Tuesday, July 15, 2008

Jackson's Rubber, Obama's Glue

So this is where you'd find a post discussing Jesse Jackson's recent, um, suggestions for Barack Obama.

I'm going to redirect this one over to Huffington Post so any and everyone can read/trash/discuss it over there. Please check it out, as I'm honored to have the HuffPo folks give me some of their precious bandwidth.


Wednesday, June 4, 2008

Our Long National Nightmare Is Taking Her Sweet Time, Thankyouverymuch.

As I listened to Hillary Rodham Clinton’s speech on the telly (can we say “telly" this side of the pond?), I heard pride in our nation. I heard tenacity fueled by her avid supporters. And, peppered with mentions of America’s Barbie-beset little girls, I heard a rallying, communal, “You go girl!”

Naturally, what her audience was not treated to was humility. Nor did the reality of Barack Obama’s victory rear its unwelcome head. Senator Clinton seemed to have been packing up her political marbles and promptly exiting the playground – but not the political stage. Defiantly asking her constituents to write in (and presumably donate) on her website, while declaring she would “make no decisions tonight,” Hillary’s words flew in the face of a conciliatory, gracious, and above all victorious Barack Obama, who as of last night had exceeded the number of delegates needed to win the Democratic nomination.

I needn’t tell anyone the historical impact of Senator Obama’s nomination. Suffice it to say, the man won. But instead of exalting this victory, Obama and others were left to ambiguous phrasing, saying he had “won the delegates to clinch the nomination” and declaring that Obama “will be the nominee”.

However momentous the occasion, however, stealing Obama’s shine is the least of Hillary Clinton’s transgressions. As she rallies her base, states her case for being the stronger candidate (despite being the losing candidate), and does mathematical gymnastics to lay claim to a majority slice of the popular vote, Mrs. Clinton seems to be trying to parlay her unflinching pawns into a checkmate on the VP nomination. To the crowd’s cries of “Denver! Denver!”, she may as well have stamped her feet and held her breath.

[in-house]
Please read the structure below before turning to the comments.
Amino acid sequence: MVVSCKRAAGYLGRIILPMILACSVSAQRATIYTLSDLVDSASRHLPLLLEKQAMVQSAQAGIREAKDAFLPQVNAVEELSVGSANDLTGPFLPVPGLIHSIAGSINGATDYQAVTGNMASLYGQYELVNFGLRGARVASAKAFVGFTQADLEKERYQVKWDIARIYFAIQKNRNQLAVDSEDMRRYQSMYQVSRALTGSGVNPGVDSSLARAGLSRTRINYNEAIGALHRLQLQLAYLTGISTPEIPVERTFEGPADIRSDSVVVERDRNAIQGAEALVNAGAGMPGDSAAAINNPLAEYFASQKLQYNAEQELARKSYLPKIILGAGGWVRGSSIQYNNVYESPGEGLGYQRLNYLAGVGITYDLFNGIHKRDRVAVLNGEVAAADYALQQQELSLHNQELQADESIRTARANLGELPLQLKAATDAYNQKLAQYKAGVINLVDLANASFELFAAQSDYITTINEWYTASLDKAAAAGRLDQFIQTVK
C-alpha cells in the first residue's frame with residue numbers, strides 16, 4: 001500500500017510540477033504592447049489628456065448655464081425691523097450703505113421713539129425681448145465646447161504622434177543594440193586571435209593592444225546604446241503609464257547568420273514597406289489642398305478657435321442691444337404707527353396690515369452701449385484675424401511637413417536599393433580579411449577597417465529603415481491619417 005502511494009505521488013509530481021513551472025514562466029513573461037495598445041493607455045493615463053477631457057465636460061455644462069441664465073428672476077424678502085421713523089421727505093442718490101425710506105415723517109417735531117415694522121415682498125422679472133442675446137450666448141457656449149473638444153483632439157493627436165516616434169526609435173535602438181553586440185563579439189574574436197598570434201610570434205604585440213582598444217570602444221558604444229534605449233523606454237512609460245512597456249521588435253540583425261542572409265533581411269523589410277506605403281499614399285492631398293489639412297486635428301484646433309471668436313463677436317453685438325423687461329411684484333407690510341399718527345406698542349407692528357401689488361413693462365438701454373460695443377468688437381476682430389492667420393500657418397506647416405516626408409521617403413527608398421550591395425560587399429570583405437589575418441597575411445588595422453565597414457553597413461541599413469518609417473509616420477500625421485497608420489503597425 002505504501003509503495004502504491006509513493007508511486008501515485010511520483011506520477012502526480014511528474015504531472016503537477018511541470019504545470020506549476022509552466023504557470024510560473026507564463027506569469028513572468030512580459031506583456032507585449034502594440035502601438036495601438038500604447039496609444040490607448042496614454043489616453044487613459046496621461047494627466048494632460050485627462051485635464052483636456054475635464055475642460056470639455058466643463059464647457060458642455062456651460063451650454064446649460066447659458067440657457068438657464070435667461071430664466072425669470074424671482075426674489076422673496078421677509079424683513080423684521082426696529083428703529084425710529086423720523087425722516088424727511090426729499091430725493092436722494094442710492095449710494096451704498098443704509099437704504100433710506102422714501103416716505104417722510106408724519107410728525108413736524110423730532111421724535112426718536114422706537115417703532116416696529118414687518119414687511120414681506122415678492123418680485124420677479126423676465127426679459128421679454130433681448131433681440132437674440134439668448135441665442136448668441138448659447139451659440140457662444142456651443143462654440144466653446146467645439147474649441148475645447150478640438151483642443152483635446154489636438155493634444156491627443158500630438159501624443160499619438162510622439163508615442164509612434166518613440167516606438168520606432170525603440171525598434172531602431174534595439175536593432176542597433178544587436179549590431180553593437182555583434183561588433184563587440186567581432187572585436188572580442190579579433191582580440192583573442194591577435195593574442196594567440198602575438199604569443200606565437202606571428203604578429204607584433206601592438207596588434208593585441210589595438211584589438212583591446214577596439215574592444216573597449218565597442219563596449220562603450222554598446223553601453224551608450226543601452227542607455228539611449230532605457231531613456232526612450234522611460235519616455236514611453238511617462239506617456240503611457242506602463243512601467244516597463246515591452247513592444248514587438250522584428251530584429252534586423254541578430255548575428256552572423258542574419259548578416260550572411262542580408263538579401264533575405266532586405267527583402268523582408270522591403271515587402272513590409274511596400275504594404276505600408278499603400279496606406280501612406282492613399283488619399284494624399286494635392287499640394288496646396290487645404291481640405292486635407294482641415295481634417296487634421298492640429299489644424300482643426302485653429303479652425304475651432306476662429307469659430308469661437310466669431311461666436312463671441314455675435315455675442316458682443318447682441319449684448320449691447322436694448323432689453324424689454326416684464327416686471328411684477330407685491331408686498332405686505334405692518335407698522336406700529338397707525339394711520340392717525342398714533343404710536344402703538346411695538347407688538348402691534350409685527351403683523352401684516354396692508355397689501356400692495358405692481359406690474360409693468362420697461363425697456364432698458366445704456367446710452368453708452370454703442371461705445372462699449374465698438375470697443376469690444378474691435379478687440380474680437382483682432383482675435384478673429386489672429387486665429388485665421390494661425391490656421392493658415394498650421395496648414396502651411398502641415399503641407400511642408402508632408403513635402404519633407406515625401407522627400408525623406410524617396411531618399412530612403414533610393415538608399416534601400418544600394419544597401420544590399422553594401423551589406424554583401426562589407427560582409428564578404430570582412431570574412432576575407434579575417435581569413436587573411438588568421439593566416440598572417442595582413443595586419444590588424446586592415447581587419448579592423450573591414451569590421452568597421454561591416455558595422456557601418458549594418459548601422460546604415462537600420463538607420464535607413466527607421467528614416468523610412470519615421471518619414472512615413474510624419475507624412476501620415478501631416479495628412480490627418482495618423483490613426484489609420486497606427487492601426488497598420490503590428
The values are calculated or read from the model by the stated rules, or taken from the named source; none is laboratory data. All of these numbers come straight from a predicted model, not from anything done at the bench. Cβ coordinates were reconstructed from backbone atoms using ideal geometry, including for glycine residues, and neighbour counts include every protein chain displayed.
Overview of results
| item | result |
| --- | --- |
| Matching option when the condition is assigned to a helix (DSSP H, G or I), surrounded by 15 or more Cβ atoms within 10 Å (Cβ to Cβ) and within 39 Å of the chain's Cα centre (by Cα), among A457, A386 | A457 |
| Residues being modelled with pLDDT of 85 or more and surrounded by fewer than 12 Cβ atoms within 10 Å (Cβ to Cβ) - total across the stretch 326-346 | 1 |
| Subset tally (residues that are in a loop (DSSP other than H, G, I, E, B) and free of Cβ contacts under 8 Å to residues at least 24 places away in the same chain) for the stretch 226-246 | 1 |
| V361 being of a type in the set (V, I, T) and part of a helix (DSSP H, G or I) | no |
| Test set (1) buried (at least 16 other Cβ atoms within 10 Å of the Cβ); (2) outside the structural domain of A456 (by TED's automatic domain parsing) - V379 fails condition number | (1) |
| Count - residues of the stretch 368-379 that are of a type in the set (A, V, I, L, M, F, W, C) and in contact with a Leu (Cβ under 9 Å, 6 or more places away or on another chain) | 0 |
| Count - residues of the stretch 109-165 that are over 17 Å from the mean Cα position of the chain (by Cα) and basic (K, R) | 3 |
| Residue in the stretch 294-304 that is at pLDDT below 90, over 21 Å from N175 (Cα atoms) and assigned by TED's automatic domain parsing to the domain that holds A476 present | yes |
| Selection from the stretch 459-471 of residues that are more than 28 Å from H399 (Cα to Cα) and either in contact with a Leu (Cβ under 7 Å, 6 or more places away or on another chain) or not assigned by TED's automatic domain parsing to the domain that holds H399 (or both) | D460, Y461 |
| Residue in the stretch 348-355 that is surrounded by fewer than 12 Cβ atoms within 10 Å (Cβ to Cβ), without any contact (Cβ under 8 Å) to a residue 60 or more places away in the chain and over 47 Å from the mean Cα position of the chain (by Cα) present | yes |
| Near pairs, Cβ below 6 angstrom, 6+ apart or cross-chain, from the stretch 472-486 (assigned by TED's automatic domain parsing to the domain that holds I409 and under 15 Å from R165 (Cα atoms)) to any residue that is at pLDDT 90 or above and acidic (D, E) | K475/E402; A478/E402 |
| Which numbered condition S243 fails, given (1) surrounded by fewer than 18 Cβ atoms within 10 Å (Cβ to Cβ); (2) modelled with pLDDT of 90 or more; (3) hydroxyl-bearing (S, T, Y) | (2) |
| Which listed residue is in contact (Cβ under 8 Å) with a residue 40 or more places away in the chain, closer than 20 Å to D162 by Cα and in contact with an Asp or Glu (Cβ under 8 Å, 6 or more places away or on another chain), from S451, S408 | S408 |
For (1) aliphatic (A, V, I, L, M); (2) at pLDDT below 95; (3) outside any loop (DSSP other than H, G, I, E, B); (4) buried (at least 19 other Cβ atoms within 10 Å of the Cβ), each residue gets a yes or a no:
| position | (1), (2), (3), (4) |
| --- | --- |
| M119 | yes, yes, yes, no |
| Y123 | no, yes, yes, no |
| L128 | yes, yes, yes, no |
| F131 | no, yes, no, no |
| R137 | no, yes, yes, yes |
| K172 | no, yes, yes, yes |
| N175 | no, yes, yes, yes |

Another noteworthy address last night was that of John McCain. To a far smaller crowd than either Clinton’s or Obama’s, he stated his case. He took his shots at Obama. But rather than going toe-to-toe with McCain, Senator Obama is still involved in a dance with Senator Clinton. By now, it’s quite obvious who the more graceful partner is.

Sunday, March 16, 2008

Sick and tired of sick and tired politics

“Not tonight. I have a headache.” That’s what I felt like telling Dan Abrams. And Keith Olbermann. And Glenn Beck, and Mr. O’Reilly too. I’m just not in the mood. And it’s not their fault – well, except in O’Reilly’s case. It’s just politics in general. I knew they were nasty, treacherous waters. But I didn’t know they were nasty, treacherous, petty, overtly racist, sexist, ageist waters.

Oops, almost forgot. This is supposed to be a hopeful blog. And it is. But today the hope has been bludgeoned a bit. It came to my attention that a presidential candidate and Senator, Mr. John McCain, used the terms “tar baby” and “gook”. Oh yes, America, he did. Being of Black and Thai descent, I guess I’m not someone the good Senator would hold in very high regard.

So I suppose my gall and my disappointment don’t register with him. Mr. McCain knew he wasn’t getting my young, liberal, female, multiracial, educated, middle-class vote anyway. As for his party, the Right has no remaining Presidential contender save McCain. And the supposedly liberated Left? How can they weigh in when the “race cards” are being shuffled, cut, dealt and played to astonishing effect by … who, exactly?

Is it Bill Clinton, hot-headed stump surrogate, taking shots at the Obama campaign by comparing it to Jesse Jackson’s candidacy? Is it Geraldine Ferraro, rogue HRC finance chair, likening Barack Obama to some kind of affirmative action candidate, then casting herself as the victim of reverse racism? Is it H to the C herself, who has by and large given up on the Black vote and now feels free to pander away to her base?

Who, Hillary? Pander?

In my opinion, the Clinton campaign didn’t accidentally make headlines with a racially controversial statement from its topmost tiers. Dear, sweet Geraldine Ferraro wasn’t stricken with a sudden case of verbal diarrhea when quoted in the media as saying Barack Obama was “lucky” to be Black right now.

And what to make of Hillary’s anemic denial of the statement? Perhaps we should consider what would have motivated her to take a stronger stance: votes, plain and simple. Since Black voters are no longer turning out for her, she needn’t actually stand on principle and, you know, reject and denounce the racist sentiment being flung back and forth like so many ping-pong balls.

And I can't bring up any of this without a nod to the fiery statements of Jeremiah Wright, Obama's former pastor with whom he has close ties. Currently circulating are video clips of his sermons in which racial issues are addressed and the Democratic candidates are called out by name. (He's off of Obama's campaign, and Ferraro has stepped down from Clinton's.)